Backseat driver? the Commonwealth, Regional Forest Agreements and Australian Federalism
In recent times, the commonwealth has shown a keen interest in moving into areas of state responsibility. Most recent proposals involve either a direct assumption of state powers as is the case in industrial relations, or direct negotiations with the agencies or community organisations as in the case of university reform or funding for environmental projects. However, in the less partisan climate of the mid 1990s, the commonwealth was content to exercise more indirect levers, working through the states to reshape policy outcomes, while leaving formal responsibilities intact. This indirect approach, most evident in National Competition Policy, shielded the commonwealth from the messy political consequences of pursuing unpopular policy agendas, leaving the states to carry the bulk of the political opprobrium. Throughout much of the late 1980s and early 1990s, commonwealth-state relations around forest management were politically charged. The Regional Forest Agreement (RFA) process was a mechanism which reduced the political heat on the commonwealth whilst still allowing it to retain a degree of influence in state government resource management. This paper examines the RFA process from a federalist perspective. It asks has the RFA process allowed the commonwealth to remove itself from a difficult political situation , or instead has it provided the commonwealth with a sophisticated tool which allows it considerable influence with only minimal exposure to political flak? In the case of NCP, three factors were important in establishing the commonwealth's power - a national policy framework, a negotiated agreement and the strategic use of financial and other power resources. The paper finds that these elements are present to a lesser or greater extent in the RFAs suggesting that the commonwealth retains an important backseat role in forest issues.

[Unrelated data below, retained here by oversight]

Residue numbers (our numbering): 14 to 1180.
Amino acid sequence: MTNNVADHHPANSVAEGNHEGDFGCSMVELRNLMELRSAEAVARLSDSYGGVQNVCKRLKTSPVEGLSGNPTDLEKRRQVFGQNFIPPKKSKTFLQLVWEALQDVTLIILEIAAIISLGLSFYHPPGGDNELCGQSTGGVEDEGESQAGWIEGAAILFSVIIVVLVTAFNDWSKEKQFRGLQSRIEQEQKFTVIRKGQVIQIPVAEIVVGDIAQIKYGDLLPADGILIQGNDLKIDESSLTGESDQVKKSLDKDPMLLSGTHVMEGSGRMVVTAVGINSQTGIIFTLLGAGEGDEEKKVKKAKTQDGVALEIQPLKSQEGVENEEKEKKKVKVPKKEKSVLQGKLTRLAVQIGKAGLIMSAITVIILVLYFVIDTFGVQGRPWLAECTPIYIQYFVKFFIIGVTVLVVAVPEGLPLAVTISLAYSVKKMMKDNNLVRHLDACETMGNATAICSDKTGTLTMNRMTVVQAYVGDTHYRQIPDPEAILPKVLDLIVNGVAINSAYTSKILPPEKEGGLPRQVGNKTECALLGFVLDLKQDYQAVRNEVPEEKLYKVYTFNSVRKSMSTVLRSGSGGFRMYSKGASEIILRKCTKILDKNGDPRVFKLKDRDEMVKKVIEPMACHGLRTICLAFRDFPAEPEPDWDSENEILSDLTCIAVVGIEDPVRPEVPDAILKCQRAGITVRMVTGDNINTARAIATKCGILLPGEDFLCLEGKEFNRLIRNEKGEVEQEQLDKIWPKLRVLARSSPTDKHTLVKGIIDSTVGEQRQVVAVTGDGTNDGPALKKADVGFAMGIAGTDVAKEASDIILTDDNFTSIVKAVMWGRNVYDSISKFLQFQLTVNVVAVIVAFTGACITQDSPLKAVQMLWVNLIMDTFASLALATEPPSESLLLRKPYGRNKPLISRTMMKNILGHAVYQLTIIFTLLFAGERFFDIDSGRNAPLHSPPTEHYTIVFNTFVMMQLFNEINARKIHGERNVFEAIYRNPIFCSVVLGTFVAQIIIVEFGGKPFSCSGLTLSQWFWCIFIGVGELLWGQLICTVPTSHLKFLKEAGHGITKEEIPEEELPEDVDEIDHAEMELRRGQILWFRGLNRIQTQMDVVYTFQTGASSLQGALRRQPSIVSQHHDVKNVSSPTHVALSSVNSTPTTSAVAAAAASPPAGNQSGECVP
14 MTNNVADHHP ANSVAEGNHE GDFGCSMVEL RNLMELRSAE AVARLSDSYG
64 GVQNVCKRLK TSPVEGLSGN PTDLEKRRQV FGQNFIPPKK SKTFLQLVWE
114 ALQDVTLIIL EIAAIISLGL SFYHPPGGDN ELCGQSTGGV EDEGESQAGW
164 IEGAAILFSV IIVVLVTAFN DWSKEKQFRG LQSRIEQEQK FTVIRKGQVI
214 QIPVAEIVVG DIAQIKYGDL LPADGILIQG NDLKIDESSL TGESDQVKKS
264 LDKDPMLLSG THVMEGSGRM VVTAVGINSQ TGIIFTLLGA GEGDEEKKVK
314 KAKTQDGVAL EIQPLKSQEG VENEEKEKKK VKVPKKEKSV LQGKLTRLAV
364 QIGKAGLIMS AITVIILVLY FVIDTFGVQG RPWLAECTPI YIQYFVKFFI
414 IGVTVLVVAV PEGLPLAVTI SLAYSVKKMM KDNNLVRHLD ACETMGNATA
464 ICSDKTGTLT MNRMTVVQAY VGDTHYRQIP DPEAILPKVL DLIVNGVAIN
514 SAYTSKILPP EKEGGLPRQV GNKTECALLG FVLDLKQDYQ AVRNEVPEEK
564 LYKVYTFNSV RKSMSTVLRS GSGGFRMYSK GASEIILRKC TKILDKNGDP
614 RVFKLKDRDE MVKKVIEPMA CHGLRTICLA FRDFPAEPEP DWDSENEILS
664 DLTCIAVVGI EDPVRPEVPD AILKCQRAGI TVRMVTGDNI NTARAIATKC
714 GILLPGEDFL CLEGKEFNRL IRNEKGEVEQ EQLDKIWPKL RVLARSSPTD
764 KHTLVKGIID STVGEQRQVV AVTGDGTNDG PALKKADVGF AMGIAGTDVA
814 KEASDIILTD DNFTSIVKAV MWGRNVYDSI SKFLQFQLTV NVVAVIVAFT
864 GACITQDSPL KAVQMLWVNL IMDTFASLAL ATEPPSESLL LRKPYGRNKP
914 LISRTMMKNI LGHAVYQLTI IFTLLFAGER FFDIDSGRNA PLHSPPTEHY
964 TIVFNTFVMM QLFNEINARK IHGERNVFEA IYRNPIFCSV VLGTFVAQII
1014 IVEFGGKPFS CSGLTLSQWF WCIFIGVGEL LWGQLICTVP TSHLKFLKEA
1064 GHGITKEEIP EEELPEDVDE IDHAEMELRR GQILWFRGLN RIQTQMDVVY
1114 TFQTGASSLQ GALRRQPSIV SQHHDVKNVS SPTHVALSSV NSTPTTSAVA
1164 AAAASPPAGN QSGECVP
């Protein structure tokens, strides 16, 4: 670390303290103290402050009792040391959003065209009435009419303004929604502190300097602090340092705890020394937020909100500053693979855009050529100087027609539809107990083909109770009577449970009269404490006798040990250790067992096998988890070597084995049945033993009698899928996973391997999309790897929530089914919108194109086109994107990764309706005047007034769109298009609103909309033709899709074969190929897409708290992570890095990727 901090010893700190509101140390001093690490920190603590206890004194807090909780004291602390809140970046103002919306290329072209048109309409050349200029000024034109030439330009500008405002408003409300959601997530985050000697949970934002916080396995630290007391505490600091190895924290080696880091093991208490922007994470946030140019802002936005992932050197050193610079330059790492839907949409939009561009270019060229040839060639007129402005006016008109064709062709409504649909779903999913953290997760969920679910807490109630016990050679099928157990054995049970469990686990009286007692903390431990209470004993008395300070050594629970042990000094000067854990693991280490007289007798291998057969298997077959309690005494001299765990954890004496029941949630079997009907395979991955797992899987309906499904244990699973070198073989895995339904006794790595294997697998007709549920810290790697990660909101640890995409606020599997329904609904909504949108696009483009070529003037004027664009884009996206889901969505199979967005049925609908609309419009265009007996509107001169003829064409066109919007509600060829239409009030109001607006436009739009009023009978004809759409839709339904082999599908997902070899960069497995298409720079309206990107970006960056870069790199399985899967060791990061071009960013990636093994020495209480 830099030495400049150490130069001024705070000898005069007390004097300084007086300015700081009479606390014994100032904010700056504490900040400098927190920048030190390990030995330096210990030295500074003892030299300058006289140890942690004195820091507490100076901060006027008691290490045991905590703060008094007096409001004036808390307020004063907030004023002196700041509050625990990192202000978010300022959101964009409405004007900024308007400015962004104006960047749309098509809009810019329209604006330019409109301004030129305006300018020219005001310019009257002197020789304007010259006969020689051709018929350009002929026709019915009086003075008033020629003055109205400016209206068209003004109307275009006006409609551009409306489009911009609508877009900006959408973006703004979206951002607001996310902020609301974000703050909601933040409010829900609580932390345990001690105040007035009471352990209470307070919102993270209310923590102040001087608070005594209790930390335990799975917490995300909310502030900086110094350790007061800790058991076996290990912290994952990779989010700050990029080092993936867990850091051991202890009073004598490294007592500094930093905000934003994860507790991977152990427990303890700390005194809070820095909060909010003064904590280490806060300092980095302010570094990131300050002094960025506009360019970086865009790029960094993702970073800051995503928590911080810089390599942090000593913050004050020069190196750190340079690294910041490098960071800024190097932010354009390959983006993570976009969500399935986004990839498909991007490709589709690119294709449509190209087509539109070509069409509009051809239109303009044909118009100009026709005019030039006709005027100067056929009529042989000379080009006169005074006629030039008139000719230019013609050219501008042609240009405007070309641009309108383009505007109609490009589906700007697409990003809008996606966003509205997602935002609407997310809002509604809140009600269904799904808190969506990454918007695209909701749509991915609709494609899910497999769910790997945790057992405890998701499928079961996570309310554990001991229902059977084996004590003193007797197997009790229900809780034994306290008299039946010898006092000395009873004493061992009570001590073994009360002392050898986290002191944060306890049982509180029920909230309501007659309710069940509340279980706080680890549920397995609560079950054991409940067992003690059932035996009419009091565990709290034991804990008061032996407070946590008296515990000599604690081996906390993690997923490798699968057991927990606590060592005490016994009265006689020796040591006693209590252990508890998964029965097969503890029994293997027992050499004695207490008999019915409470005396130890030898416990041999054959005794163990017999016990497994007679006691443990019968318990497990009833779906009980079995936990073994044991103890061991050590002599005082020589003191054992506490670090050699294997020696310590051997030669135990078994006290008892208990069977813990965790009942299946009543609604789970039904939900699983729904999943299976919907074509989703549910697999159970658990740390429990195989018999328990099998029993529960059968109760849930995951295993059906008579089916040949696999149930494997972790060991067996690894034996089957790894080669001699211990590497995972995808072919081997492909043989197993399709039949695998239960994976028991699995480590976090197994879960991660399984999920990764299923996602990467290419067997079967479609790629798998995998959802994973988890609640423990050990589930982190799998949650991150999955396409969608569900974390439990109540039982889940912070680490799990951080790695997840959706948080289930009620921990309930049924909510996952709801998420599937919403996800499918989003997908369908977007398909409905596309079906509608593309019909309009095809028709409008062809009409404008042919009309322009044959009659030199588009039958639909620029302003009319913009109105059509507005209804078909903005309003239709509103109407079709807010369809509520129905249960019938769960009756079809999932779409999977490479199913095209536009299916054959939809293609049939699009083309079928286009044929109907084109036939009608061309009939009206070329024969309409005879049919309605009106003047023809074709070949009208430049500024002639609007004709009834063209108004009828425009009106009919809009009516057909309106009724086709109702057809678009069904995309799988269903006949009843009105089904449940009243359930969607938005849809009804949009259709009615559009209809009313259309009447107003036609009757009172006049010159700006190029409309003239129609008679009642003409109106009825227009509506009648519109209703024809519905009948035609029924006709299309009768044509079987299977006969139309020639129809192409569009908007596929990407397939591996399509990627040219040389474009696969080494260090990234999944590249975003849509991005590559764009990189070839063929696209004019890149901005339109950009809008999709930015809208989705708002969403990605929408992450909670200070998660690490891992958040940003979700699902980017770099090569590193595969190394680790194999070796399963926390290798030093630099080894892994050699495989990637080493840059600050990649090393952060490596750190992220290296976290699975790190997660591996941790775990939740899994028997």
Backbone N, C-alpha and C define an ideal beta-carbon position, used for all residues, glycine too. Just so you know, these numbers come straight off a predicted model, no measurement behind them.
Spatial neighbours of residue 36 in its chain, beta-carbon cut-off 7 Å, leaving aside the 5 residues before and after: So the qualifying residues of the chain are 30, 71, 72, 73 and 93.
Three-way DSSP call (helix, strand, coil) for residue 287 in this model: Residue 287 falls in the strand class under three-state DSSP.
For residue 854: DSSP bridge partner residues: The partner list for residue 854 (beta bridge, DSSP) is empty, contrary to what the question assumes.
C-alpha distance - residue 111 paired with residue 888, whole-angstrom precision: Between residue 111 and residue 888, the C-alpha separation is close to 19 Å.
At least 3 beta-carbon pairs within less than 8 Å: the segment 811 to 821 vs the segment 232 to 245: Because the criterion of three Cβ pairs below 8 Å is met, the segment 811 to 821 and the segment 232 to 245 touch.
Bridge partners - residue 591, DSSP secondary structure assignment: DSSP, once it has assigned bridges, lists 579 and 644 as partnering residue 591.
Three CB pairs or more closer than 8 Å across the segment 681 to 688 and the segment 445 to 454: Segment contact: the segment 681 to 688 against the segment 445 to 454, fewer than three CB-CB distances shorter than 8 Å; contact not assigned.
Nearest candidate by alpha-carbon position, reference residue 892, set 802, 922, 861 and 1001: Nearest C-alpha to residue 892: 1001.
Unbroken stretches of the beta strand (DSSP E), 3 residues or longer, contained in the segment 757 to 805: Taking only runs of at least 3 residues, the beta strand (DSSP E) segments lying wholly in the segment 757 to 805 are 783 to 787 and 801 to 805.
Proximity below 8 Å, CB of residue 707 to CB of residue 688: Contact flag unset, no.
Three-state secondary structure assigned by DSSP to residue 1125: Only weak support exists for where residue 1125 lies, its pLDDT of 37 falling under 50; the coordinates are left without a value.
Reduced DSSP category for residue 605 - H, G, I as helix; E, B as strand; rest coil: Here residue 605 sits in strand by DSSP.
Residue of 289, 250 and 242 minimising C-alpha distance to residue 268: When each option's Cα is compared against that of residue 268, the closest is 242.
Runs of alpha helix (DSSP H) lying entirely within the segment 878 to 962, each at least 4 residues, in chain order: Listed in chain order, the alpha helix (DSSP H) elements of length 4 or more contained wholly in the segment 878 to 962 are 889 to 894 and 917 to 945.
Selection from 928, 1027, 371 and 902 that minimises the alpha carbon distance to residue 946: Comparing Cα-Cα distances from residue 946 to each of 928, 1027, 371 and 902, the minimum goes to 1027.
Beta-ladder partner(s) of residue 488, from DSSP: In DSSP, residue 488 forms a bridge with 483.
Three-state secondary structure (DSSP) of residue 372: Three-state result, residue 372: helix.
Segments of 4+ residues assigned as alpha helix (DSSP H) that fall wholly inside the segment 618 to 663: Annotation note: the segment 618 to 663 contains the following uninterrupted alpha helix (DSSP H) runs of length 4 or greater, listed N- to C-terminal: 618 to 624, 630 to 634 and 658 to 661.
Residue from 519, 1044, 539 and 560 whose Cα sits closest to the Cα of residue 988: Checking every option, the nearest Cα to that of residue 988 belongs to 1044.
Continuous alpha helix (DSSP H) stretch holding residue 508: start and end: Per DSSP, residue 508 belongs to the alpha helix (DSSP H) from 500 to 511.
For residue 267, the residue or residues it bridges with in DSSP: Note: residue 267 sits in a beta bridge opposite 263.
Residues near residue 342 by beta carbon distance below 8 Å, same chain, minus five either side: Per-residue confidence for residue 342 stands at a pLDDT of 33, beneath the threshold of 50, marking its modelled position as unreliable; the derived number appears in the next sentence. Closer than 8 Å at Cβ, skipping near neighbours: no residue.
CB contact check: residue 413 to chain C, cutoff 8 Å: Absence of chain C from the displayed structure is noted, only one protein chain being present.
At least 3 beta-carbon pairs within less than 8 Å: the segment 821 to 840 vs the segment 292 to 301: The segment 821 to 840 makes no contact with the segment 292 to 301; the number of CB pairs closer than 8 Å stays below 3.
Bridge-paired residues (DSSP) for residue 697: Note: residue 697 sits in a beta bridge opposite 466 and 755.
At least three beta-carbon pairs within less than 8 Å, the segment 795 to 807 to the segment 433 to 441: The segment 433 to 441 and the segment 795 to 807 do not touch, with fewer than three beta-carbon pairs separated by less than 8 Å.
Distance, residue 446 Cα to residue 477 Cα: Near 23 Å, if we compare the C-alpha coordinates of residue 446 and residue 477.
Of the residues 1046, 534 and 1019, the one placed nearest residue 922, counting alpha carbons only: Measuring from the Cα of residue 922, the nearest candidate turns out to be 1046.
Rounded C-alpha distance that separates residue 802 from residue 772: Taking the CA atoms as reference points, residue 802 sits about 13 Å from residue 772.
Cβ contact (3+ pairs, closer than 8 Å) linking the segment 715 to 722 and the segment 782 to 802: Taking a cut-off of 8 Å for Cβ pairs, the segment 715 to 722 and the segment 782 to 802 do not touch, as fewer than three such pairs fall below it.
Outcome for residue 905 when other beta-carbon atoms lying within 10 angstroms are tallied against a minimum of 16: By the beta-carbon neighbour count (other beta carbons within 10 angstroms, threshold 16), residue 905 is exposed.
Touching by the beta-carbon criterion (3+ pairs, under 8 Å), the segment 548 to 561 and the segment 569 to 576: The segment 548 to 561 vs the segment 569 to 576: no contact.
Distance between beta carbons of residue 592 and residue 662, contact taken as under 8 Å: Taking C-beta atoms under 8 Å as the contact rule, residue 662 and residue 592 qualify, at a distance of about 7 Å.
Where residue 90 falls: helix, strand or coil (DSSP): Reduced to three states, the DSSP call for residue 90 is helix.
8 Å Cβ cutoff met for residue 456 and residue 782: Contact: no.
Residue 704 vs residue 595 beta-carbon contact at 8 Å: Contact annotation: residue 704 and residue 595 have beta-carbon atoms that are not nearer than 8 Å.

Australasian Political Studies Association Conference 2005